Here’s where you’ll want to stop before you get to Jackson Lake:
What’s cool about the Albright View stop is being able to see all the major peaks of Grand Teton National Park with an informational board that names all of them.
It’s a good spot to acquaint yourself with the peaks you’ll be continuing to see from different angles as you continue your loop drive around the park.
Schwabacher Landing requires a short walk to get to its famous photo spot, but it’s worth the extra steps.
On a pleasant day (i.e. no rain), the reflection of the Tetons in the river is an absolutely stunning picture.
This is one of my favorite spots in Grand Teton National Park. I love the remoteness of the cabin and its valley views behind it with the mountains jutting up in the background.
The cabin has two separate living spaces connected by a breezeway. You can walk into each room and under the breezeway to truly get a better sense of what it was like to live there in the late 1800s. The cabin itself was built in 1888 by John and Margaret Cunningham, hence its name.
Oxbow Bend is one of the best places from which to see Mount Moran, an impressive peak that towers over the river from this vantage point.
Next Up On Your Grand Teton Day Trip Itinerary: Jackson Lake
At this point, after Oxbow Bend, it’s time to get off the 42-mile drive (aka the Main Loop) and head up to Jackson Lodge.
This is a great place for a rest, bathroom break, lunch, or snack, and to admire the lovely rustic architecture of the lodge. Also, take time to walk along the lake a bit and take in the scenery.
Some Things to Know About the 42 Miles Drive
Quick break in the itinerary to give you some tips on the best time of year for the 42-mile drive.
The western road of the loop (Teton Park Road) is closed from November 1 to April 30 each year.
During that time, the only way to access the sites off the inner road of the 42 Mile Drive is to snowshoe, hike, or cross-country ski (which is only permitted to do from mid-December through mid-March.
Biking is also allowed from November 1 until the road is covered with snow, which may happen sooner than you think!
While Teton Park Road is accessible between May to October, the lodges may not be open during shoulder season. So don’t count on being able to eat at Jackson Lodge, Signal Mountain Lodge, or the Jenny Lake Visitor Center. Check what’s open before you arrive.
If you’re going in July or August, you can safely assume most things will be open, but it’s still good to double-check in case of worker shortages, natural disasters, etc.
If you’re heading up to Yellowstone, this is where you’d keep heading north. You’d soon leave Grand Teton National Park behind, do a brief jaunt through national forest land, and soon find yourself at the South Entrance of Yellowstone National Park.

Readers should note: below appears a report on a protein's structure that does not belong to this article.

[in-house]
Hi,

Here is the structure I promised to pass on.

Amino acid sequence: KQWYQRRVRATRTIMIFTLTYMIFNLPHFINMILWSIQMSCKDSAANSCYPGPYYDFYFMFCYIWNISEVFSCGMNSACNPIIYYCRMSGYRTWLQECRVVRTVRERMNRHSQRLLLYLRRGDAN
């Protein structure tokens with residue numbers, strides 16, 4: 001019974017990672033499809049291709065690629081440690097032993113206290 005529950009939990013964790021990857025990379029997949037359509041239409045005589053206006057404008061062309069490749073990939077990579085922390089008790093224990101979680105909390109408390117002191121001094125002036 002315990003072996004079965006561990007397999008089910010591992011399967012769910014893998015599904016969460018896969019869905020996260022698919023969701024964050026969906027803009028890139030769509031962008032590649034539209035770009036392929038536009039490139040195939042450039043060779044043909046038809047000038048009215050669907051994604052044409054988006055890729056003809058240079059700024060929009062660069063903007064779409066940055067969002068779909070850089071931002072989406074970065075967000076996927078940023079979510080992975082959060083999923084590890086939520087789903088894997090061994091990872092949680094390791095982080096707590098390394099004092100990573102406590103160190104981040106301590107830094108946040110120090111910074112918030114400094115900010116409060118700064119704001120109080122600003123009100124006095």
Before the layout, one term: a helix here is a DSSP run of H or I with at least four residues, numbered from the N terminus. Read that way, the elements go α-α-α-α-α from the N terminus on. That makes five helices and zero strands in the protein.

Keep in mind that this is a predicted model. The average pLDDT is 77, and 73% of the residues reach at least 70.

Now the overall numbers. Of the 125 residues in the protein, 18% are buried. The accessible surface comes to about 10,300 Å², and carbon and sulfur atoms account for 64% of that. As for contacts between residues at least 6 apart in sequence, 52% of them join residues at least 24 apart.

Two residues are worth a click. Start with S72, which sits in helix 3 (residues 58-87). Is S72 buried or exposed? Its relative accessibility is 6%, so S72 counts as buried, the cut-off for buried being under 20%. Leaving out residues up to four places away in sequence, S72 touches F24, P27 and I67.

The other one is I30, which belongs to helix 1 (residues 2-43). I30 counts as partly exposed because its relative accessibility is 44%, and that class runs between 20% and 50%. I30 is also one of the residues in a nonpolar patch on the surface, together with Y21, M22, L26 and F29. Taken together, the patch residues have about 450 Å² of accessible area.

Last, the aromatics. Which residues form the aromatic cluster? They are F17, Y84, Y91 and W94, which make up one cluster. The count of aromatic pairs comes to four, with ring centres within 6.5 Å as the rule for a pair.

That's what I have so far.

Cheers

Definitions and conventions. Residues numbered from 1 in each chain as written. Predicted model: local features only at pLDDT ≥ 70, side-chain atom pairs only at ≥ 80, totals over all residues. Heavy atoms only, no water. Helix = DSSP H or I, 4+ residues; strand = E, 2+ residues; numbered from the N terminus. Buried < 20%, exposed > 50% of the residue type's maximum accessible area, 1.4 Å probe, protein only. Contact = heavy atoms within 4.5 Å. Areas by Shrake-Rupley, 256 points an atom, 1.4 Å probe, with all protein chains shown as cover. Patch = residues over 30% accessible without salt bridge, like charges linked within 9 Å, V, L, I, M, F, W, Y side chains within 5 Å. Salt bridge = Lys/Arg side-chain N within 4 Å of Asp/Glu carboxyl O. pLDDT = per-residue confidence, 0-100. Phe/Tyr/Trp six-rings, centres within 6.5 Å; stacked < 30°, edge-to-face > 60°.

- Read More: Where to Stay in Yellowstone National Park
But you’re trying to see as much of Grand Teton National Park in just a day! So after exploring Jackson Lake and the Lodge for a bit, don’t go toward Yellowstone. Instead, you’ll get back back onto Hwy 191 heading south and then make a right onto Teton Park Road, also called the on Inner Road of the 42-mile loop. On this road, you’ll begin heading down toward Jenny Lake.
Side Note: If you’re doing a day trip to Grand Teton National Park from where you’re staying near Yellowstone National Park (such as West Yellowstone or Cody), you’ll want to enter via the north entrance to Grand Teton. Try to get there early and head straight to Jenny Lake, which we’re about to cover in this article, to beat some of the crowds there, and then continue this loop south, take a lunch break in Jackson if you’d like, and then head back north by Mormon Row and back onto Jackson Lake and north to Yellowstone.
On your way to Jenny Lake, you’re going to see lots of turn-outs. Unless you’re a photographer, you can skip several of these since they’re basically similar views but from different angles. Which can be cool, of course! But when short on time in Grand Teton, I recommend limiting your pull-offs and stops and saving your time for magical Jenny Lake.
More on Jenny Lake in a minute. First though, here are the pull-outs I think you should stop for on the drive from Jackson Lodge to Jenny Lake:
Signal Mountain Lodge
If you decided not to do pull off the main loop to check out Jackson Lodge, then Signal Mountain Lodge is a good place to stop for a break from the car and a bite to eat. Trapper Grill has good eats with a deck overlooking Mt. Moran.